Attorney General Jeff Sessions appeared to drive with caution — and stay in his bureaucratic lane — during three hours of testimony on Tuesday before the Senate Intelligence Committee.
That is, Sessions didn’t seem willing to swerve over the line to broadside President Donald Trump’s critics by echoing the more extreme of his boss’ recent statements regarding James Comey, the Russia probe and ex-adviser Michael Flynn.
But Sessions also fended off Democrats trying to quiz him about any conversations inside the administration.
Sessions confirmed under oath that ex-FBI Director Comey expressed unease about being called in to talk alone with Trump.
On Thursday, Comey swore while sitting in the same hearing chair that Trump asked him to let go of probing ousted national security adviser Michael Flynn.
On Tuesday, Sessions said Comey never told him the specifics of that February meeting. But the former Alabama senator also said he agreed Comey should indeed deal internally only with his higher-ups at the Justice Department, although Trump can obviously speak to whomever he wishes.
On the other side, Sessions did inveigh against “false attacks, innuendoes and leaks” against him regarding Russian ties. And he did stand by his department’s memo to Trump advising Comey be dumped and a new FBI director hired, insisting that change had been discussed for months.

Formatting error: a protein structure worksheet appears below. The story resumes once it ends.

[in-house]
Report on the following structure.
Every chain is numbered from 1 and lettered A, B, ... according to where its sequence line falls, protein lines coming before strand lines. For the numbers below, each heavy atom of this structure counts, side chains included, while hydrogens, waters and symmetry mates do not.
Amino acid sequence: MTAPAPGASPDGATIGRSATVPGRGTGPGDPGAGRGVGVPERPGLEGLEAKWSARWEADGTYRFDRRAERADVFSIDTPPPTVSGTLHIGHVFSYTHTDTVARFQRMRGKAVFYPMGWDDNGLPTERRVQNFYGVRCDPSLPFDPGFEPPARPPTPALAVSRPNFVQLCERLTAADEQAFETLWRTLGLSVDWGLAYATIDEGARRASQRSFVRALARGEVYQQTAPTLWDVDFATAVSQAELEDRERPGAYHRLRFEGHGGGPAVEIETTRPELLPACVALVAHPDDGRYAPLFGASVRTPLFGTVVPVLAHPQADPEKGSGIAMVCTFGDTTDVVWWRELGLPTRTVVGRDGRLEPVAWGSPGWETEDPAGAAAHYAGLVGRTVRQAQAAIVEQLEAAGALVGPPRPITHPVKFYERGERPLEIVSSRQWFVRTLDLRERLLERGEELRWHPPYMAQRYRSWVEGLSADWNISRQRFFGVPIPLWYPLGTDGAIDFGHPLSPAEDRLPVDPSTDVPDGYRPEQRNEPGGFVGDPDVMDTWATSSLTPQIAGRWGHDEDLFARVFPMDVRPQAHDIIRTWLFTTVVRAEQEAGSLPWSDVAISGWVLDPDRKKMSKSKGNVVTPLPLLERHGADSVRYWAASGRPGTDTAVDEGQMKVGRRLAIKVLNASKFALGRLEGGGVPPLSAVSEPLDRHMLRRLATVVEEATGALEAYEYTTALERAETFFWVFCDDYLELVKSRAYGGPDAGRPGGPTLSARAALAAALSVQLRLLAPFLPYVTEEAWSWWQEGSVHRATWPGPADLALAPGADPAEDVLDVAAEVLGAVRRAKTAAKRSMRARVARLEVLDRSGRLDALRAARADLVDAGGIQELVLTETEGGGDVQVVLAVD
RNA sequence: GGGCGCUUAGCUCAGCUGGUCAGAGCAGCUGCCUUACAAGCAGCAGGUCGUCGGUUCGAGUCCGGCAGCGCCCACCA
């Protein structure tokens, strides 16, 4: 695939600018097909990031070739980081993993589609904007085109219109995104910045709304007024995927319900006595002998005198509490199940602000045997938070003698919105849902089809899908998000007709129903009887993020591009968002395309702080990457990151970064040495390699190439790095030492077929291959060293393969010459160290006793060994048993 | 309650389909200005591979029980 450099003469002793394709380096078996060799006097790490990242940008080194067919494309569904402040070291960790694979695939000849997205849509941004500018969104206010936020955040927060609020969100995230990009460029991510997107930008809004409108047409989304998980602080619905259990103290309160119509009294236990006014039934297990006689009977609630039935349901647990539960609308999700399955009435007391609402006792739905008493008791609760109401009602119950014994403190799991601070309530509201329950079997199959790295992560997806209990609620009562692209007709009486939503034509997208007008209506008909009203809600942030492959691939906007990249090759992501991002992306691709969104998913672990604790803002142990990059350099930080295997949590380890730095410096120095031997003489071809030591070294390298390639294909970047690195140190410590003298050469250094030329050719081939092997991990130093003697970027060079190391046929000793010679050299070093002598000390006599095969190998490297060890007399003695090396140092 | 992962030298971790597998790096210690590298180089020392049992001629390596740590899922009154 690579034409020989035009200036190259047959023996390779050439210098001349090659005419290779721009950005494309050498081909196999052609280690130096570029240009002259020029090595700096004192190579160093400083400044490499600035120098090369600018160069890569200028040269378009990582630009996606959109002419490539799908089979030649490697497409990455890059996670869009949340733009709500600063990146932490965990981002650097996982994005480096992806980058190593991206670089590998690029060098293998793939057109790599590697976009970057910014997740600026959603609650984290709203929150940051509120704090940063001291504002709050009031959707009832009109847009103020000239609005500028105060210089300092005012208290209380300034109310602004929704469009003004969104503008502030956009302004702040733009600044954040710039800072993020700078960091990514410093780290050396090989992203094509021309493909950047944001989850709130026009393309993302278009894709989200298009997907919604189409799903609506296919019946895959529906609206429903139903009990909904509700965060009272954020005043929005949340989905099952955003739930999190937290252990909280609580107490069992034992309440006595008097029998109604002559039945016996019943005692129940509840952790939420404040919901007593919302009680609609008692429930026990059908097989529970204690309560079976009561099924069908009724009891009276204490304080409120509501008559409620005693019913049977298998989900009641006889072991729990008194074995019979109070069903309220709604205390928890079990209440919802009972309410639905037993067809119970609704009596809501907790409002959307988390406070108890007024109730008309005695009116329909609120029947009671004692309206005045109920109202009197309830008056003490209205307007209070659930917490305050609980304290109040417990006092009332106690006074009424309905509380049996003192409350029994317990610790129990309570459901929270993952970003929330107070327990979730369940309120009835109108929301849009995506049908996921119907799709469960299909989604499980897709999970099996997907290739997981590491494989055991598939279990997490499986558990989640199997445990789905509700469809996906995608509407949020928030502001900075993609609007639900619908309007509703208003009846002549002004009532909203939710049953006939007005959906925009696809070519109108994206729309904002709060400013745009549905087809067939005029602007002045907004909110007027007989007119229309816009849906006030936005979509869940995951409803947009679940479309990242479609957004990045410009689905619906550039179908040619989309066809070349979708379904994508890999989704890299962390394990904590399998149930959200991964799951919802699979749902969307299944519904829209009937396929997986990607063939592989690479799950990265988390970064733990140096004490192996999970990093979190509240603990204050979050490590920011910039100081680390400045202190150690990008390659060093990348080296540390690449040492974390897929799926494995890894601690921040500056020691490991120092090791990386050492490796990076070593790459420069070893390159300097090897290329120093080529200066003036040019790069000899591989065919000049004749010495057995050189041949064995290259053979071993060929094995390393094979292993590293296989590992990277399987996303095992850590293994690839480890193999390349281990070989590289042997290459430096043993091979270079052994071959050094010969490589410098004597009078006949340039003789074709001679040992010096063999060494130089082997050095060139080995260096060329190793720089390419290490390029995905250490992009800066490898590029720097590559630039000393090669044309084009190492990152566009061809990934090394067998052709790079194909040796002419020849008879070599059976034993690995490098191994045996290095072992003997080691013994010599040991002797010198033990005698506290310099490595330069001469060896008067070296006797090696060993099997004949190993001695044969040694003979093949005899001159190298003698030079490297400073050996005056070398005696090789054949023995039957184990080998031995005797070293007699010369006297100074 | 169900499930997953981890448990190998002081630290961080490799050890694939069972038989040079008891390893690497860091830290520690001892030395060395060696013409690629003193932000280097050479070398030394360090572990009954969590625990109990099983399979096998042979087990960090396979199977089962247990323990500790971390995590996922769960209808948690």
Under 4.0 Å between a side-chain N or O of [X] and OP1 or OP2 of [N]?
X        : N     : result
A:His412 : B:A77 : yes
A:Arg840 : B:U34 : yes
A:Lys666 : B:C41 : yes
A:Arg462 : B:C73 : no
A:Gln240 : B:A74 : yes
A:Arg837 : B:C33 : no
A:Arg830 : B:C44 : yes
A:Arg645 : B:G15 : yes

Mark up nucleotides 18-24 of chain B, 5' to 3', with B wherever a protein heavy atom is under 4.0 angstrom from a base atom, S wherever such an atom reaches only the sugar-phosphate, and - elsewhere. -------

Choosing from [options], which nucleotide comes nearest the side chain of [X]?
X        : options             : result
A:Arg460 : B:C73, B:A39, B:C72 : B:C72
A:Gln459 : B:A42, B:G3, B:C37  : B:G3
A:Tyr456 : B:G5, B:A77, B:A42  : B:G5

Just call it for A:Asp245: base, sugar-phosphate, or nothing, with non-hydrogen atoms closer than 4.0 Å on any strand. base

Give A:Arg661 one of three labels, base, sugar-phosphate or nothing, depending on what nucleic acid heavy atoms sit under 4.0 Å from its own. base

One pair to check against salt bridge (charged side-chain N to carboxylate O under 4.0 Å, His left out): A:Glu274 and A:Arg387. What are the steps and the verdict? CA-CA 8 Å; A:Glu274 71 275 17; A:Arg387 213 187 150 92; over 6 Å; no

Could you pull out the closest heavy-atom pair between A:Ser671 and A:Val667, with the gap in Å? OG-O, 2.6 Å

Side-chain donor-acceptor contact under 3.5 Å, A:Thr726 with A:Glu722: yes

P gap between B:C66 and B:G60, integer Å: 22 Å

So given Washington’s usual divide, it was all a matter of whose partisan narrative — reflected in the different senators’ questions — you wished to follow in tracking Sessions’ answers.
Democrats have prodded the conversation toward the idea of GOP campaign collusion with Russia. Sessions held firm, saying he saw and took part in no such thing.
As a former Trump campaign surrogate, Sessions insisted he kept to his recusal from the Russia probe even while he had a hand in firing James Comey as FBI director — which Trump later justified based on the Russia investigation.
Sessions said in so many words that he couldn’t read Trump’s mind, and that as a matter of long-standing policy he wasn’t going to repeat conversations he had on the topic with the president.
If Sessions hadn’t stuck to that line, nobody knows what complications might have resulted.
Special Counsel Robert Mueller, who’s really the key player here?
Sessions said he had confidence in Mueller, but could not say if Trump did. As security adviser during the campaign, Sessions said, he did not recall being asked by the candidate about alleged Russian interference in the election.
By the end of the hearing, it looked as if Sessions had gotten himself to a safe exit — at least in terms of legislative oversight.